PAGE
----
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INFORM+INSPIRE. Risk Management Principles and T he Role of Insurance. David T. Russell, Ph.D. Director, CSUN Center for Risk and Insurance March 14-15, 2013. What is Risk?. In short, Risk = Uncertainty Two Kinds of Risk Pure Risk: Possibility of Loss

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risk management principles and t he role of insurance

INFORM+INSPIRE

Risk Management Principles andThe Role of Insurance

David T. Russell, Ph.D.

Director, CSUN Center for Risk and Insurance

March 14-15, 2013

The Griffith Insurance Education Foundation

what is risk
What is Risk?
  • In short, Risk = Uncertainty
  • Two Kinds of Risk
    • Pure Risk: Possibility of Loss
    • Speculative Risk: Possibility of Profit or Loss
  • Example of Pure Risk: Driving a Car
  • Example of Spec Risk: Buying a Stock

The Griffith Insurance Education Foundation

risk management
Risk Management
  • RM is Treatment of Exposure to Risk
  • Five Main Methods of Risk Management
    • Avoidance (Refrain from Activity)
    • Retention (Accept the Possibility of Loss)
    • Loss Control (Steps to Reduce Freq or Sev)
    • Non-Insurance Transfer (ex: Hold Harmless)
    • Insurance (Transfer to a Pool for Premium)
    • Usually, RM is a Combination of Methods

The Griffith Insurance Education Foundation

insurance
Insurance
  • Insurance Transfers Risk to a Pool
    • “Shares” Risk with Other Similar Risks
  • An Insurance Policy is a Contract
    • Adjudicated and Regulated by State Law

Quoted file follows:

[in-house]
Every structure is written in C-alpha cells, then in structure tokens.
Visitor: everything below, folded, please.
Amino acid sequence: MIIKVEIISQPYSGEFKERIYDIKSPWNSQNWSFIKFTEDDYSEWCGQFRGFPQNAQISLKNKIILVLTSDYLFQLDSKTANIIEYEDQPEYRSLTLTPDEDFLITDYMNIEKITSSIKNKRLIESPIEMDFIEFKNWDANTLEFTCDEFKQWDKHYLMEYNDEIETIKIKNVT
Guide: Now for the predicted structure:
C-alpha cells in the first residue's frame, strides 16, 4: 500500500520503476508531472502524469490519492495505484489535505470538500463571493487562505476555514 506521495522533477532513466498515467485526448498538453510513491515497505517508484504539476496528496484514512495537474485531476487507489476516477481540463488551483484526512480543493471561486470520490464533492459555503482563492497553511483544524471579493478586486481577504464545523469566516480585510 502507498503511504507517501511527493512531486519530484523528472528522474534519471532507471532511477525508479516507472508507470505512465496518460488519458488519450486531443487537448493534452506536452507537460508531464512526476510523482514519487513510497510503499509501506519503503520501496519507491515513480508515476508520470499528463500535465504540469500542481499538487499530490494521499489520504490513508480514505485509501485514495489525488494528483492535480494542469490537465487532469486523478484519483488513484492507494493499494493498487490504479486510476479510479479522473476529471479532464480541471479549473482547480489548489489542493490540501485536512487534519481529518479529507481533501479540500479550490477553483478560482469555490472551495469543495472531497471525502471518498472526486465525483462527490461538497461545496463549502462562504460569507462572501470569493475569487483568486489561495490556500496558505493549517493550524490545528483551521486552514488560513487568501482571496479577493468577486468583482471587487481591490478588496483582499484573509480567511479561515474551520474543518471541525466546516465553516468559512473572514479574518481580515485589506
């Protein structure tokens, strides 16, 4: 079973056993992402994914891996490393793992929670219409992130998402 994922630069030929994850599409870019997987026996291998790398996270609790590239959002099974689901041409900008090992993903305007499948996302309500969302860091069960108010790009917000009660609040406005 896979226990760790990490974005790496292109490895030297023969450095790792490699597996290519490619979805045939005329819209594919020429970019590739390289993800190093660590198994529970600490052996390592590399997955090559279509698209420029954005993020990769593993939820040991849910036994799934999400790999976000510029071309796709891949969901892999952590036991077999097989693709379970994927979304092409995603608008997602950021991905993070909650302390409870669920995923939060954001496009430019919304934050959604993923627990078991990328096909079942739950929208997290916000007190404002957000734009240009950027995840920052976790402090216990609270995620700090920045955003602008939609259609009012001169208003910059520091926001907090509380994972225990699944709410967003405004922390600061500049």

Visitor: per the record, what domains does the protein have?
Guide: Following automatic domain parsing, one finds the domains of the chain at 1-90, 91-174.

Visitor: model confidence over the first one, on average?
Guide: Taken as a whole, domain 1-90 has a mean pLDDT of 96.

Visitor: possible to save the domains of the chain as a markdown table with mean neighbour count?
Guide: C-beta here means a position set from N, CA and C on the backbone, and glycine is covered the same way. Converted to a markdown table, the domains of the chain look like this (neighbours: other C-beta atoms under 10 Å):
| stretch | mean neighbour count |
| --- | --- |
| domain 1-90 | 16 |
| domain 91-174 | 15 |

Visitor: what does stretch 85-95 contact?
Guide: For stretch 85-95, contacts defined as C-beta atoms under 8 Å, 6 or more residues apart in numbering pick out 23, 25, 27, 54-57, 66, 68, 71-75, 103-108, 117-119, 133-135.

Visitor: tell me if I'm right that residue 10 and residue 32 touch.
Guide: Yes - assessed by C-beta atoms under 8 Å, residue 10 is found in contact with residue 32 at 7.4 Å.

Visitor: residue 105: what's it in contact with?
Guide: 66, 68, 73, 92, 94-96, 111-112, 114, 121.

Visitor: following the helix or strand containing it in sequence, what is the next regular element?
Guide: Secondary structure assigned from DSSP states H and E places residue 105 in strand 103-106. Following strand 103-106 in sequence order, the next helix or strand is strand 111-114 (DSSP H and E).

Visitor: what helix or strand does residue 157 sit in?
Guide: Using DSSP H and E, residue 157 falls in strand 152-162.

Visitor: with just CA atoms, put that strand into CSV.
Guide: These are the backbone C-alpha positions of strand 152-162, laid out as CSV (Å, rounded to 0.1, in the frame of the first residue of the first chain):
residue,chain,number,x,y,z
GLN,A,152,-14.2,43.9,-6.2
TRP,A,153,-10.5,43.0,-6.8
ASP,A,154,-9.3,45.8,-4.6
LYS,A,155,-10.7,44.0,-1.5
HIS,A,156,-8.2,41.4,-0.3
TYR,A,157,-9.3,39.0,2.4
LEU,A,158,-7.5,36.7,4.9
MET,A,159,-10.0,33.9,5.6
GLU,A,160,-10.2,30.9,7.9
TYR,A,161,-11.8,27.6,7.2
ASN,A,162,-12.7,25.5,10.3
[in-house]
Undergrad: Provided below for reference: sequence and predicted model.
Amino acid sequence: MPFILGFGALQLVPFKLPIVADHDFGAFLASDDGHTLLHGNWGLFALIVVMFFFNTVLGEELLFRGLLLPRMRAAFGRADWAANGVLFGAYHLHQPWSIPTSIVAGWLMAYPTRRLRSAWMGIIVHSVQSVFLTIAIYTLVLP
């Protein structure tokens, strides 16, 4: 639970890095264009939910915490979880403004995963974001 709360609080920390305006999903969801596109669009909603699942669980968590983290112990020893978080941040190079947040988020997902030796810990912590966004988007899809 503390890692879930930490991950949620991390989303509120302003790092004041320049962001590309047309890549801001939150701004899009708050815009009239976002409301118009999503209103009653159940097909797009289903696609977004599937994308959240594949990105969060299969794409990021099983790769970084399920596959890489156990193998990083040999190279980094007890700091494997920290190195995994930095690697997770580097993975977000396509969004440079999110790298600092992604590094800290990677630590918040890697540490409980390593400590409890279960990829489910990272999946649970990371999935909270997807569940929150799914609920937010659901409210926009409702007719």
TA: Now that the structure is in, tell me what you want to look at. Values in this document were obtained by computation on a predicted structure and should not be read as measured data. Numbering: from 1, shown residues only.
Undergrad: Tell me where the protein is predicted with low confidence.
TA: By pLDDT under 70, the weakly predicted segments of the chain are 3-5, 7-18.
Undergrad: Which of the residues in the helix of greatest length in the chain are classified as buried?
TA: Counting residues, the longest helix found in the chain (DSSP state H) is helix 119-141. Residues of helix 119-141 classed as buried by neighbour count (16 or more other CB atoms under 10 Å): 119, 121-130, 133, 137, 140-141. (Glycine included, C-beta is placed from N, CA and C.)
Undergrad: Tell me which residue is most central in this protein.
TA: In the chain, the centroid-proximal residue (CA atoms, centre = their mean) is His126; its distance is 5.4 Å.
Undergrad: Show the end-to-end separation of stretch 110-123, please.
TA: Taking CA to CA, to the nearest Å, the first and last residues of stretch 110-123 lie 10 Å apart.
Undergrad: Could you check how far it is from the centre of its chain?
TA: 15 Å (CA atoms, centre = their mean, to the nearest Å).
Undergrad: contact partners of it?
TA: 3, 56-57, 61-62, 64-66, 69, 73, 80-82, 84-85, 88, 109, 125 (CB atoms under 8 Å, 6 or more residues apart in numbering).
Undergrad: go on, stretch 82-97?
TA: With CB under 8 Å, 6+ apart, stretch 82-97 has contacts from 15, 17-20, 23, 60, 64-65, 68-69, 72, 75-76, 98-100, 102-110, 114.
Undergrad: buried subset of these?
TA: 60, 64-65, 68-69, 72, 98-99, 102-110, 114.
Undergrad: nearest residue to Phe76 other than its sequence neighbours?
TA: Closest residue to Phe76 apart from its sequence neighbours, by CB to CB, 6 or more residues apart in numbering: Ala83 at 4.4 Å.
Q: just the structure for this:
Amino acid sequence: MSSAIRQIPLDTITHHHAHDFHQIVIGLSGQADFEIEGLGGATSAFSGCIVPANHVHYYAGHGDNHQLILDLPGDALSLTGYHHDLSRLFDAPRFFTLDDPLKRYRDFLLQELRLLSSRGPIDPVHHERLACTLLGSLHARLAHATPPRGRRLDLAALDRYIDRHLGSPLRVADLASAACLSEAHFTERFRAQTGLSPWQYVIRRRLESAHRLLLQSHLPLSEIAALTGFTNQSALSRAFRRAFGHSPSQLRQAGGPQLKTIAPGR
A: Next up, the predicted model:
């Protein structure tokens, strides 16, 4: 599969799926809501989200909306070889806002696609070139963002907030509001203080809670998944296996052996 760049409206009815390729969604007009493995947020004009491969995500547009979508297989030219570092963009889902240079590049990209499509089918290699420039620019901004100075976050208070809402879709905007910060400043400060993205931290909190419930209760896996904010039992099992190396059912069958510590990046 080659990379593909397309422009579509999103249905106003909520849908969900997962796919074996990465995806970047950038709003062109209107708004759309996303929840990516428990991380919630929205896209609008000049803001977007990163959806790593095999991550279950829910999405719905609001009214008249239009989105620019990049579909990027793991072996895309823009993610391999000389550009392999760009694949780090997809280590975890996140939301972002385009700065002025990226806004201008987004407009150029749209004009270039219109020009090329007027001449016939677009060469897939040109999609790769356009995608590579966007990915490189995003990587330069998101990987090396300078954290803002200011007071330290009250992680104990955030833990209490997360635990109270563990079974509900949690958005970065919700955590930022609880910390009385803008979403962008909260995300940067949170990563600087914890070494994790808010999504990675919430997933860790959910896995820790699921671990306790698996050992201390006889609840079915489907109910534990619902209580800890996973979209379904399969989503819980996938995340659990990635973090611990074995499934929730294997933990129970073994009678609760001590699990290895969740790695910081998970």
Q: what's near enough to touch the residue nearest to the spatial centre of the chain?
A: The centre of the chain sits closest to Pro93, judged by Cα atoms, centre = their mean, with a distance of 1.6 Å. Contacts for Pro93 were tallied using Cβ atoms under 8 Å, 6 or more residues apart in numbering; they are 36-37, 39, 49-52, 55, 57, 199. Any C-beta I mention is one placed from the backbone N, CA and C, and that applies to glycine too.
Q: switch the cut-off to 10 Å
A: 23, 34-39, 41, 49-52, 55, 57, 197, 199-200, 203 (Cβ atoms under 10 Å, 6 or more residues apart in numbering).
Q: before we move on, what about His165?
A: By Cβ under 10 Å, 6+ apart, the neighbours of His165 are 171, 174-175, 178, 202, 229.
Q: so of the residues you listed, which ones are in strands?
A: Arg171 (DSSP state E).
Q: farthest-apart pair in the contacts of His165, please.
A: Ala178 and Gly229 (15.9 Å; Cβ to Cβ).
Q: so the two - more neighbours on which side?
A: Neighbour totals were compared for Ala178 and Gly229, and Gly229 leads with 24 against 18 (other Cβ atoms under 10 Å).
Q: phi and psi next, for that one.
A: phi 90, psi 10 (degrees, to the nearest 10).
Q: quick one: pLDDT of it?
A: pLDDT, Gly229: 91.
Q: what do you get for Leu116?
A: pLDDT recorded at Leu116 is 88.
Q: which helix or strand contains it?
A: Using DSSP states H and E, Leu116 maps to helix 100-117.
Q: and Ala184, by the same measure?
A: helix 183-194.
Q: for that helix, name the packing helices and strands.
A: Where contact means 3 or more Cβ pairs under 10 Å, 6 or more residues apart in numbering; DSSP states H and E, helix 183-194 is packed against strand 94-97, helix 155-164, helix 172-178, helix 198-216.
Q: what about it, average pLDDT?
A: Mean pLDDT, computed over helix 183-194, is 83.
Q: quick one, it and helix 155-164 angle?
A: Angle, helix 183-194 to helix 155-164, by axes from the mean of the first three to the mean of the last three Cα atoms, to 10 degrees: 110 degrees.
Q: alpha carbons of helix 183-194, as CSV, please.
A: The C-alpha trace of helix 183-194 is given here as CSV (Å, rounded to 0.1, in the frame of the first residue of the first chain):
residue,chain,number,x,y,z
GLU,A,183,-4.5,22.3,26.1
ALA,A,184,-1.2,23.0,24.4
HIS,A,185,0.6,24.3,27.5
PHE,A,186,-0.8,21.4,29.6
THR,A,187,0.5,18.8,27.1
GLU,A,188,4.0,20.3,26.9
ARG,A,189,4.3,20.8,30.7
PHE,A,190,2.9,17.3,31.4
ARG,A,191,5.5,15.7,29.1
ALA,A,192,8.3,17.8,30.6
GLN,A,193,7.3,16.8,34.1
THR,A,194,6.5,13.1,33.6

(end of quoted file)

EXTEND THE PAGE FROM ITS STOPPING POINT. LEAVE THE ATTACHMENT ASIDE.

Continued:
• Designed to Indemnify Policyholder
    • “Insured” Should Not Profit from a Loss
    • Profiting from Loss Contrary to Public Policy

The Griffith Insurance Education Foundation

the insurance purchase decision
The Insurance Purchase Decision
  • One or More Reasons to Buy Coverage
    • Required by Law, Lenders or Others
    • Buyer is Risk Averse or Unsure About Risks
    • Coverage is Mispriced (Rare)
  • One or More Reasons NOT to Buy
    • Buyer Cannot Afford or Has Other Priorities
    • Coverage Perceived as too Expensive
    • Risk is Better Managed in Other Ways
    • Coverage Not Needed

The Griffith Insurance Education Foundation

insurance is not gambling
Insurance is NOT Gambling
  • Insurance Transfers Existing Pure Risk
  • Gambling Creates New Speculative Risk
  • Insurer Reduces Risk by Pooling
  • Like Any Contract, Consideration a Must
  • Aleatory: Consideration is Unequal

The Griffith Insurance Education Foundation

underwriting
Underwriting
  • UW is Selection/Classification of Risk
  • EQ Example for School
  • UW Uses Application, MVR, MIB, Other
  • Some UW Factors Illegal (Ex: Race)
  • Underwriters Place Risks in Right Pool
  • Insurer Loses $ if Many Risks Declined

The Griffith Insurance Education Foundation

moral hazard
Moral Hazard
  • Simply Put, Ins Changes Behavior
    • Carelessness—Less Vigilant if Insured
    • Increased Utilization—Visit Doctor More
    • FDIC—Pursue High Rate, Despite Risk
    • Fraud—If Insured, Policyholder May Intentionally Cause Losses to Collect Money
    • Result—Higher Claims
    • How to Prevent MH? Law, Contract, UW

The Griffith Insurance Education Foundation

adverse selection
Adverse Selection
  • AS is Tendency of Risks to Seek Coverage at Lower Rates
  • Ex: “All-You-Can-Eat” Pricing
  • Ex: Unisex Pricing Option
  • Example: “No Medical Exam”
  • Result: Without Underwriting, Ins Pools Tend to End Up With High Risks
  • Low Risks Tend to Drop Out

The Griffith Insurance Education Foundation

the insurance mechanism
The Insurance Mechanism
  • Pooling of Similar Risks
    • Ex: 10,000 Toyota Camrys
  • Using Historical Data, Losses Can Be Predicted and Priced
  • Appropriate Insurance Concepts
    • “Law of Large Numbers”
    • “In the Long Run”
    • “Diversified Portfolio”

The Griffith Insurance Education Foundation

insurable risks
Insurable Risks
  • Large Number of Exposures
  • Losses Are Accidental and Random
  • Losses Are Determinable & Measurable
  • Chance of Loss is Calculable (Pricing)
  • Premium is Economically Feasible
  • Losses Are Not Correlated*
  • Gov’t May Handle Uninsurable Risks

The Griffith Insurance Education Foundation

the insurance mechanism1
The Insurance Mechanism
  • Critical: Losses Cannot Be Correlated